Those living in developed countries tend to equate happiness with financial success. The more money you make, the happy you’ll become. Yet, more and more psychological research suggests that after reaching a certain level of financial success and stability, the benefit to one’s happiness brought about by increases in earnings is marginal at best. In other words, an American making $60,000 per year is almost guaranteed to be significantly happier than another making under $10,000 per year. However the difference in happiness between someone making $75,000 per year and $750,000 per year is hardly detectable.
Regardless of how ubiquitous knowledge of this information is, most people consider financial success to be a primary motivation in how they live their lives. I don’t think this is because they reject the adage that “money doesn’t buy happiness.” I think it’s because they haven’t found a suitable replacement for motivation that they trust. That is precisely where I believe the identification and development of one’s personal strengths comes into play.
The Value of Knowing and Developing One’s Strengths
When you stop and closely analyze the last several times you experienced euphoria (and no, I’m not talking about using drugs), you will discover that in most cases you could also classify them as some of your finest moments. We derive a great deal of satisfaction when we apply ourselves successfully to overcome challenges or enrich our capabilities.
You might complete a difficult weekend home improvement project. You might have a really good time on a long run. You might have a really uplifting dinner meeting with a friend. Or you might significantly increase your knowledge by a trip to a local museum. In each of these situations, various strengths are called upon and improved. Then, we feel happy and satisfied, no financial gain required. If we’re smart, we repeat these situations on a regular basis to continue the pattern of utilizing our strengths and enjoy a regular flow of happiness.
How Do You Identify Your Strengths?
Dr. Martin Seligman, the pioneer of positive psychology, put together a free strength identifier on the University of Pennsylvania’s website. This 240 question test, will identify your most dominant strengths out of a possible 24 areas that are known to be universal (strengths valued in every culture, religion, etc).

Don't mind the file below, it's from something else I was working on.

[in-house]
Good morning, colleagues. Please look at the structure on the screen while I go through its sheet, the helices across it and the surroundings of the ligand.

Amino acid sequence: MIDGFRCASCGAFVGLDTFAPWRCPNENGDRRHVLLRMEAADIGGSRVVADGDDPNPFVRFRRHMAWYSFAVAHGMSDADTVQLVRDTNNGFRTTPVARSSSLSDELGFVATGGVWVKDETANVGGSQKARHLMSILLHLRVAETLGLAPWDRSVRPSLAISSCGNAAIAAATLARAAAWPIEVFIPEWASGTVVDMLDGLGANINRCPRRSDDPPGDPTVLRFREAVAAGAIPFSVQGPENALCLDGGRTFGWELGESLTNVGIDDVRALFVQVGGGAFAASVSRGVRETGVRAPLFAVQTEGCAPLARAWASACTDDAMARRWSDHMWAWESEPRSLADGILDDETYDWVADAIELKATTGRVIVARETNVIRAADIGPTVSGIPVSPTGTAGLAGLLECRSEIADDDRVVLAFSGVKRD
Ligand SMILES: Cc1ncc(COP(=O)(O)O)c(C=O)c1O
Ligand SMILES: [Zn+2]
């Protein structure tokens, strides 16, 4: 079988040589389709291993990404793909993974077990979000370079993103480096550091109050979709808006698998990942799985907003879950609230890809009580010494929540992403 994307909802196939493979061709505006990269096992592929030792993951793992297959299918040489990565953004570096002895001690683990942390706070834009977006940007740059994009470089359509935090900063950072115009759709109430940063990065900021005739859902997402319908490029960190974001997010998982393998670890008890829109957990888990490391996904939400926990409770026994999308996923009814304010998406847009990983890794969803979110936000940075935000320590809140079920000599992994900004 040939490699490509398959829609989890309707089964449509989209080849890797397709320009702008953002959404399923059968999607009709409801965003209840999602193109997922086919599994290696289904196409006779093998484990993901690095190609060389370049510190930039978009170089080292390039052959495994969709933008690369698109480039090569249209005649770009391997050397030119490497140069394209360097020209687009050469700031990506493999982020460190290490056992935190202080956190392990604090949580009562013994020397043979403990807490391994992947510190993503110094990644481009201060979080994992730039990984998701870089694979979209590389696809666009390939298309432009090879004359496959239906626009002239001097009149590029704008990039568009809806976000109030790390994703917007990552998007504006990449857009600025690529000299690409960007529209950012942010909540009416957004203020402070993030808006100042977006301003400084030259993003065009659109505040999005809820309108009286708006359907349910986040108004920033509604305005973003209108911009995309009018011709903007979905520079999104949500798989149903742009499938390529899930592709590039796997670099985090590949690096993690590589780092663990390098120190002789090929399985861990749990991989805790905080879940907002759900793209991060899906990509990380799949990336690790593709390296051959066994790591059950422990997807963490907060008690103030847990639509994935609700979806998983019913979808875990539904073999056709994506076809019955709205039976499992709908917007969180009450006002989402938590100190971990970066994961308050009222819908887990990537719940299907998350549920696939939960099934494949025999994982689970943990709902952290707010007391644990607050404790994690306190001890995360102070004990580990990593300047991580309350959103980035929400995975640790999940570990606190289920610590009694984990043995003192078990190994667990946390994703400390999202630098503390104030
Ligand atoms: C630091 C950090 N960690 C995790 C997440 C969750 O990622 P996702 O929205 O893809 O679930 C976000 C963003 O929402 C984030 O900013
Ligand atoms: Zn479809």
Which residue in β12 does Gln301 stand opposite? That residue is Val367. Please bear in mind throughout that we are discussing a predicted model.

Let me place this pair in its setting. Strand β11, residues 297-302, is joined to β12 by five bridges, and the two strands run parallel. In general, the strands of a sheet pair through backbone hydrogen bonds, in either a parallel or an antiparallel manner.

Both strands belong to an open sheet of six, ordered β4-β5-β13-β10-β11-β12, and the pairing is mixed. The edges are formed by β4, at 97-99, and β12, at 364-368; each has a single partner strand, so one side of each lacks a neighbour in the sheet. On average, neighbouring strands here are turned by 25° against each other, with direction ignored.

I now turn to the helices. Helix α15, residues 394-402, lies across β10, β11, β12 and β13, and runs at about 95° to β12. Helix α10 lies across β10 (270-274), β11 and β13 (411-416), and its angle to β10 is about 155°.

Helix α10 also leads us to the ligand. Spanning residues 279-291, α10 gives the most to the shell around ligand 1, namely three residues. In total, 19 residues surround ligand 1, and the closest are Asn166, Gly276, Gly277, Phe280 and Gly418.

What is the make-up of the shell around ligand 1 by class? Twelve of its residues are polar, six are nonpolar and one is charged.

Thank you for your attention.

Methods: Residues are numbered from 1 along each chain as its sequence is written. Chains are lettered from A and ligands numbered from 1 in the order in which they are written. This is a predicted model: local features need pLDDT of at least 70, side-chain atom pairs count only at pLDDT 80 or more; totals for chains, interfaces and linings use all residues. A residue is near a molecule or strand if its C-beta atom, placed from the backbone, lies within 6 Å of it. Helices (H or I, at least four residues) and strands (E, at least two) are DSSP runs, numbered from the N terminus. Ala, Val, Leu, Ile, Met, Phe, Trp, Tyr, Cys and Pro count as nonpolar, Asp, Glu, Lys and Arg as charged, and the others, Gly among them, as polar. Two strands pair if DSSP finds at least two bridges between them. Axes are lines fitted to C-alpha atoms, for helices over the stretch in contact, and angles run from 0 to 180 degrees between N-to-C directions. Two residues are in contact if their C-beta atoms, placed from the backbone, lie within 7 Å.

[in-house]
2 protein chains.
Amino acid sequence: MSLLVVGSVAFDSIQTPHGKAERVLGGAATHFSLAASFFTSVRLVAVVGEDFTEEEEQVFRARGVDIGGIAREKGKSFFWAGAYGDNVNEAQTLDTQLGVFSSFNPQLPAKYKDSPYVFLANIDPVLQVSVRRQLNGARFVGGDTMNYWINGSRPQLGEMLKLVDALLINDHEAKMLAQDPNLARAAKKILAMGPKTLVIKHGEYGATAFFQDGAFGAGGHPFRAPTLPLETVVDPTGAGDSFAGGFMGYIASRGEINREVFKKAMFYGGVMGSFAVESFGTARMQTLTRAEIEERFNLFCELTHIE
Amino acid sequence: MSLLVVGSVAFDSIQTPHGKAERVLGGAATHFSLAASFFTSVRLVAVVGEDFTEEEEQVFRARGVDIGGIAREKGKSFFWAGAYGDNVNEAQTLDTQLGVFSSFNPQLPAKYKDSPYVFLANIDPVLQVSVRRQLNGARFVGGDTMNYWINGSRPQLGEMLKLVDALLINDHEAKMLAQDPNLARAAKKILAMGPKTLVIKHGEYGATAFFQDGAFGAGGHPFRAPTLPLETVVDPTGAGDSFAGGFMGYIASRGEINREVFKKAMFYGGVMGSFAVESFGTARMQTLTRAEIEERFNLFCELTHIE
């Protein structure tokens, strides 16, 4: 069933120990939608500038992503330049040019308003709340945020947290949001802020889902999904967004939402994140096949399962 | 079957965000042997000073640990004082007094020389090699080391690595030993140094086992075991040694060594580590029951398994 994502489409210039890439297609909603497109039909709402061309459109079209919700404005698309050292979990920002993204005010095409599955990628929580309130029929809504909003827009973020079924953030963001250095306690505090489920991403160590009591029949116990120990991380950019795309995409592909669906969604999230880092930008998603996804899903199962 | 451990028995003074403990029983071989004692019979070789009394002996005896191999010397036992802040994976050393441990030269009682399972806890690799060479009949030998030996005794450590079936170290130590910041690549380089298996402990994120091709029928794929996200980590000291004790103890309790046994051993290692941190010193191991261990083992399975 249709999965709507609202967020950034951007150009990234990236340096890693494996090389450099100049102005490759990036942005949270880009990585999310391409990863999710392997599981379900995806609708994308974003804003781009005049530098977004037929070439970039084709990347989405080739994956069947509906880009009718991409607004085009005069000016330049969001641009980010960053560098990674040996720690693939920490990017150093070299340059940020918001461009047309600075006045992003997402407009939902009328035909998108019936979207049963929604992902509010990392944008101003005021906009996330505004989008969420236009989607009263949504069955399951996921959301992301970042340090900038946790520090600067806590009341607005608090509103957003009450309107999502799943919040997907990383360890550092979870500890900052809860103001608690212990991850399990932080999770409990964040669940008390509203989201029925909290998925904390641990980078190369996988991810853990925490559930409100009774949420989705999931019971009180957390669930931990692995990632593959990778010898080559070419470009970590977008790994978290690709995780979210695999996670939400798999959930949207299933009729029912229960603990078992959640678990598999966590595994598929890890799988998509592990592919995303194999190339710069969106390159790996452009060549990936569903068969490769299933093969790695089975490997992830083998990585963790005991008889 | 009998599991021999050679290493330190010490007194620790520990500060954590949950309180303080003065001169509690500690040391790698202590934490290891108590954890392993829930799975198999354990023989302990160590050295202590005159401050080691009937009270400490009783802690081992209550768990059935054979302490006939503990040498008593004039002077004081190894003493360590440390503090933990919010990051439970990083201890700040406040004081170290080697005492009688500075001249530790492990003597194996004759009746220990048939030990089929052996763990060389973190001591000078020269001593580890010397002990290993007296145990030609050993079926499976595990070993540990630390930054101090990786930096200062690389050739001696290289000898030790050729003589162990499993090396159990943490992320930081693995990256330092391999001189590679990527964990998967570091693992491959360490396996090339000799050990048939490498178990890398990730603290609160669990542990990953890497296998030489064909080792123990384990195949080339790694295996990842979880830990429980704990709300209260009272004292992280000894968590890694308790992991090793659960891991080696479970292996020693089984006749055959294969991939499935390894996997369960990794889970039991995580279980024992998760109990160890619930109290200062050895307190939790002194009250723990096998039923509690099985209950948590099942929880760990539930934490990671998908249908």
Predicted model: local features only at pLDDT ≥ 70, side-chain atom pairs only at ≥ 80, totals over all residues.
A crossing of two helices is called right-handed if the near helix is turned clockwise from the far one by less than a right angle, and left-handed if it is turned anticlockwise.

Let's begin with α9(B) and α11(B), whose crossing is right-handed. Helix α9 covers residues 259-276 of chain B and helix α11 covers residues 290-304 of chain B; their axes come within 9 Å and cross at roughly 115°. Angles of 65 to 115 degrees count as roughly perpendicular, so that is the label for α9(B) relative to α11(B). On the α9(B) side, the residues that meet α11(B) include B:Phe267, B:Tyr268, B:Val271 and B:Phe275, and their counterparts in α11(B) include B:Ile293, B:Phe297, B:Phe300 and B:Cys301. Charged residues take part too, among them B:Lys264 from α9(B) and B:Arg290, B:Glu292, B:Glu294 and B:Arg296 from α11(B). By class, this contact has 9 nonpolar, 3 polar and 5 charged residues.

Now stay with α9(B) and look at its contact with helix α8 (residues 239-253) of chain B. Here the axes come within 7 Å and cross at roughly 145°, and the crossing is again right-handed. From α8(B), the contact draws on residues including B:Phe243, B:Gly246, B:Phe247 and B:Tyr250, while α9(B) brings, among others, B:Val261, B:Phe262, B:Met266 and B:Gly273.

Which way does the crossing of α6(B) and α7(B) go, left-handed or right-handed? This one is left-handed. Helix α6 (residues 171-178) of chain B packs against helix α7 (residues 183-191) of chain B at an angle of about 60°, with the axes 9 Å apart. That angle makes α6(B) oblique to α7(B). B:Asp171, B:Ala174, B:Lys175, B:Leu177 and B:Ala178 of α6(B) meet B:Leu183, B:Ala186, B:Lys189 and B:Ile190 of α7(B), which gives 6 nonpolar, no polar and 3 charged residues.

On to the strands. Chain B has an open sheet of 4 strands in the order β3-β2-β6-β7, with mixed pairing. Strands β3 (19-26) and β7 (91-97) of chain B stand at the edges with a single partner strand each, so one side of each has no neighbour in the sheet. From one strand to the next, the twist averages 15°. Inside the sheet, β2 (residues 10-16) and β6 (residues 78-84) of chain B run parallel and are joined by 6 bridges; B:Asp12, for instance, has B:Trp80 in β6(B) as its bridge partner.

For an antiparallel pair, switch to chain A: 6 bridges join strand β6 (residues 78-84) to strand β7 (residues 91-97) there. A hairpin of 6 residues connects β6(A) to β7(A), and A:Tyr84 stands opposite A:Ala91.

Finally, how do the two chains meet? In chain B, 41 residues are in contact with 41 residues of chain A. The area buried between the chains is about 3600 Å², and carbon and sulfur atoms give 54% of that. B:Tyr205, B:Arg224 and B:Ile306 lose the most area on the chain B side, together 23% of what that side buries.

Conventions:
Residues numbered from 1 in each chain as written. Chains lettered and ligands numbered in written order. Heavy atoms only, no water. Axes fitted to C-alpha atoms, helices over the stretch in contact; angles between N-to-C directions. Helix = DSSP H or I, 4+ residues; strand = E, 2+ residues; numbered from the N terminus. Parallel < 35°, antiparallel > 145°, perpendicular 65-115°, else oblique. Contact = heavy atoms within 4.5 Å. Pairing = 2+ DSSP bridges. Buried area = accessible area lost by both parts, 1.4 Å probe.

I took this strengths test and learned that my strengths lied in the area of transcendence, which involves connecting circumstances to a greater narrative. Things like defining a sense of purpose or being future-minded are strengths of mine. Every time I utilize these strengths in daily living, I experience satisfaction and happiness. I would encourage you to take the test to identify your own strengths.
I started this post by highlighting the challenge the developed world has with equating happiness with financial success. This isn’t to say that I don’t value financial success nor is it to tell you to stop valuing it. I simply want to point out the difficulty in making that a primary or dominant means to achieve happiness. As I said already, developing one’s strengths provides a much more sustainable source of happiness.
Once you’ve identified your strengths, think about how they can be applied to daily living. For me, having a sense of purpose is a strength of mine. I can develop this by making it a regular part of the discussions I have with others, the projects I lead, or the way I go about daily living. By defining and refining the purpose of the things I do, I can enhance my own understanding of what purpose really means and become aware of it.
One of your strengths may end up being valor and bravery. You will experience a great deal of satisfaction by successfully testing this area of your life and bringing others along with you. You can seek out ambiguous or challenging climates to operate within and fight for what you know to be right. When you do so, happiness flows through you.
Below I’ve included my top five strengths. Once you take the free test, I’d encourage you to share your strengths and any experiences you’ve had in exhibiting them. Good luck!
Steve Hill’s strengths:
- Spirituality, sense of purpose, and faith
- Creativity, ingenuity, and originality
- Honesty, authenticity, and genuineness
- Hope, optimism, and future-mindedness